K-1 returns with its first major event since 2010, as the K-1 World MAX 2012 Final 16 is set to occur on May 27th in Madrid, Spain. The event centers on the first round of action in this year's super welterweight (70 kg. / approximately 154 lbs.) tournament, and also includes a number of non-tournament fights to be contested at the heavyweight limit and in other divisions.
The following post focuses solely on the super welterweight tournament, and highlights aspects of the bracket which those interested in the event should be aware of going in. Save the last one, all points highlighted are of direct significance to the fights that will occur and/or to understanding this event's importance despite its watered down field of competitors.
The list of bouts for the event (from K-1.tv):
K-1 World MAX 2012 Final 16
Mike Zambidis vs. Chahid Oulad el Hadj
Andy Souwer vs. Abraham Roqueni
Artur Kyshenko vs. Su Hwan Lee
Xu Yan vs. Yasuhiro Kido
Gago Drago vs. Andy Ristie
Yuji Nashiro vs. Reece McAllister
Harut Grigorian vs. Murthel Groenhart
Chris Ngimbi vs. Longern Superpro Samui
With the list of bouts out of the way, let's move on to the (first) five things you should know about the K-1 World MAX 2012 Final 16.
1. Mike Zambidis vs. Chahid Oulad el Hadj II
When they first met in the K-1 MAX 2010 tournament's round of sixteen, Zambidis and el Hadj engaged in a high-paced, back and forth affair that many kickboxing observers consider a classic. Their bout went to an extension round (which seemed to be grounded more in an understanding of potential entertainment value than actual merit), and both were put on the canvas in the course of the bout.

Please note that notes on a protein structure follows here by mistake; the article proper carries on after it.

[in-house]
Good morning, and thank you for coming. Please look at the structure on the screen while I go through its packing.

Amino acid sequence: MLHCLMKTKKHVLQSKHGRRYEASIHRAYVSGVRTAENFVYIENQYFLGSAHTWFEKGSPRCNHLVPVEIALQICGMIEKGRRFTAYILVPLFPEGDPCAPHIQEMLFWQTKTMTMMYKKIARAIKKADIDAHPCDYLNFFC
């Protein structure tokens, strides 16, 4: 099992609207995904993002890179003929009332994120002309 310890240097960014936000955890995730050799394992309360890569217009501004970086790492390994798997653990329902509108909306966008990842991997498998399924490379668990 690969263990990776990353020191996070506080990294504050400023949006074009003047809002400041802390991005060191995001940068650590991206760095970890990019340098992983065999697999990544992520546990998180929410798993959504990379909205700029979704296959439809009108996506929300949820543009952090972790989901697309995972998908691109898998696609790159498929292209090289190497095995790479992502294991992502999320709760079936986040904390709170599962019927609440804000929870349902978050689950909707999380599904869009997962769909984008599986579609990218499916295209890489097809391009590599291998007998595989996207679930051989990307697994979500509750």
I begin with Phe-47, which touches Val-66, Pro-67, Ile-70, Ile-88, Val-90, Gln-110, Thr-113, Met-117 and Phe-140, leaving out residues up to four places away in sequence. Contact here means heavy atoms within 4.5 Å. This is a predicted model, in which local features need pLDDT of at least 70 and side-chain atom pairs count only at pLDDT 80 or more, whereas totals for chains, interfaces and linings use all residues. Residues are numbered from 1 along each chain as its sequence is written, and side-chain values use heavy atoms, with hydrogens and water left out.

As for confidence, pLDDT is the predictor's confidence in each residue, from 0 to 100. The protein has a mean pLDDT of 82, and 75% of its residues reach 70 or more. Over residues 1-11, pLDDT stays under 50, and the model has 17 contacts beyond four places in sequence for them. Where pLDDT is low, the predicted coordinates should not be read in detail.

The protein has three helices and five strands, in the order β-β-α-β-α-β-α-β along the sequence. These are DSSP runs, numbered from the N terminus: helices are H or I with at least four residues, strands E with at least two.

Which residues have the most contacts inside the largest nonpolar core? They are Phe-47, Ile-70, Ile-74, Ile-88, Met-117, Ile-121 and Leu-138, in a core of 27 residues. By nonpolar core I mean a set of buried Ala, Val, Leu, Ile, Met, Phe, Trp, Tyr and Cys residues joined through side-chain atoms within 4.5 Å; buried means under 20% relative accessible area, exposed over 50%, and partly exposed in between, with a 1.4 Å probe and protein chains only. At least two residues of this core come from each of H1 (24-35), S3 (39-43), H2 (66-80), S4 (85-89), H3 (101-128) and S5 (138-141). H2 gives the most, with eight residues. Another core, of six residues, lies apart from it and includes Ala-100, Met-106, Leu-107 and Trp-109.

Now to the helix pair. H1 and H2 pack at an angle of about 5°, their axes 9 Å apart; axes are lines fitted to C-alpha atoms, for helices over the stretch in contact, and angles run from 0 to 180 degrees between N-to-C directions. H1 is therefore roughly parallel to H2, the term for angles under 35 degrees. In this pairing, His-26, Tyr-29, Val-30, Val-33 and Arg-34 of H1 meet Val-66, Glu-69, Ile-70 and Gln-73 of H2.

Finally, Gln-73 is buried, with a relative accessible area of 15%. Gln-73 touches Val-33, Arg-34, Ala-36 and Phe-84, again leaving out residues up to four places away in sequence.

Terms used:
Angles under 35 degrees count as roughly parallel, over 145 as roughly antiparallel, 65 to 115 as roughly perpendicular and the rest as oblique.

As these two fighters prepare to meet in the round of sixteen once again, their established identities provide the sense that another memorable battle may be in store. Mike Zambidis has posted a 3-2 record in his last five fights (just as he had prior to the 2010 tournament) and there are questions regarding how long the heavy-handed Greek fighter can remain on the biggest stage in kickboxing. As for Chahid Oulad el Hadj, he is the same banger that Zambidis planted overhand rights on nearly two years ago. The 23-year-old has been outclassed by many top kickboxers in the world today, but remains committed to an all-action style that is fan friendly if not the most likely to help build a sustainable career.
What's more, Mike Zambidis always has interesting bouts in the K-1 MAX round of sixteen. In 2005, he obliterated Norifumi 'Kid' Yamamoto with a right hand that is well worth the look. The next year, Zambidis battled with lanky Japanese standout Yoshihiro Sato. 2007 saw him defeat Gago Drago by decision following an extension round. Zambidis was on the wrong side of a knockout in the extension round when he met Andy Souwer in the round of sixteen in 2008.
2. Andy Souwer will appear in his seventh K-1 MAX tournament
Veteran kickboxer Andy Souwer has already appeared in a half dozen K-1 MAX tournaments, winning in 2005 and 2007 while finishing second in 2006 and 2009. The sport's embrace of the tournament format has done Souwer no favors in the past couple years, however. The Dutch fighter spent 2010 focusing on a return to form in the Japanese Shootboxing promotion, but was ultimately outdone by Toby Imada in the semifinal round of the promotion's S-Cup tournament. In 2011, Souwer looked to top the It's Showtime Fast and Furious 70 kg. tournament in the absence of Giorgio Petrosyan. Unfortunately for Souwer, Ukraine's Artur Kyshenko bested him in their semifinal bout.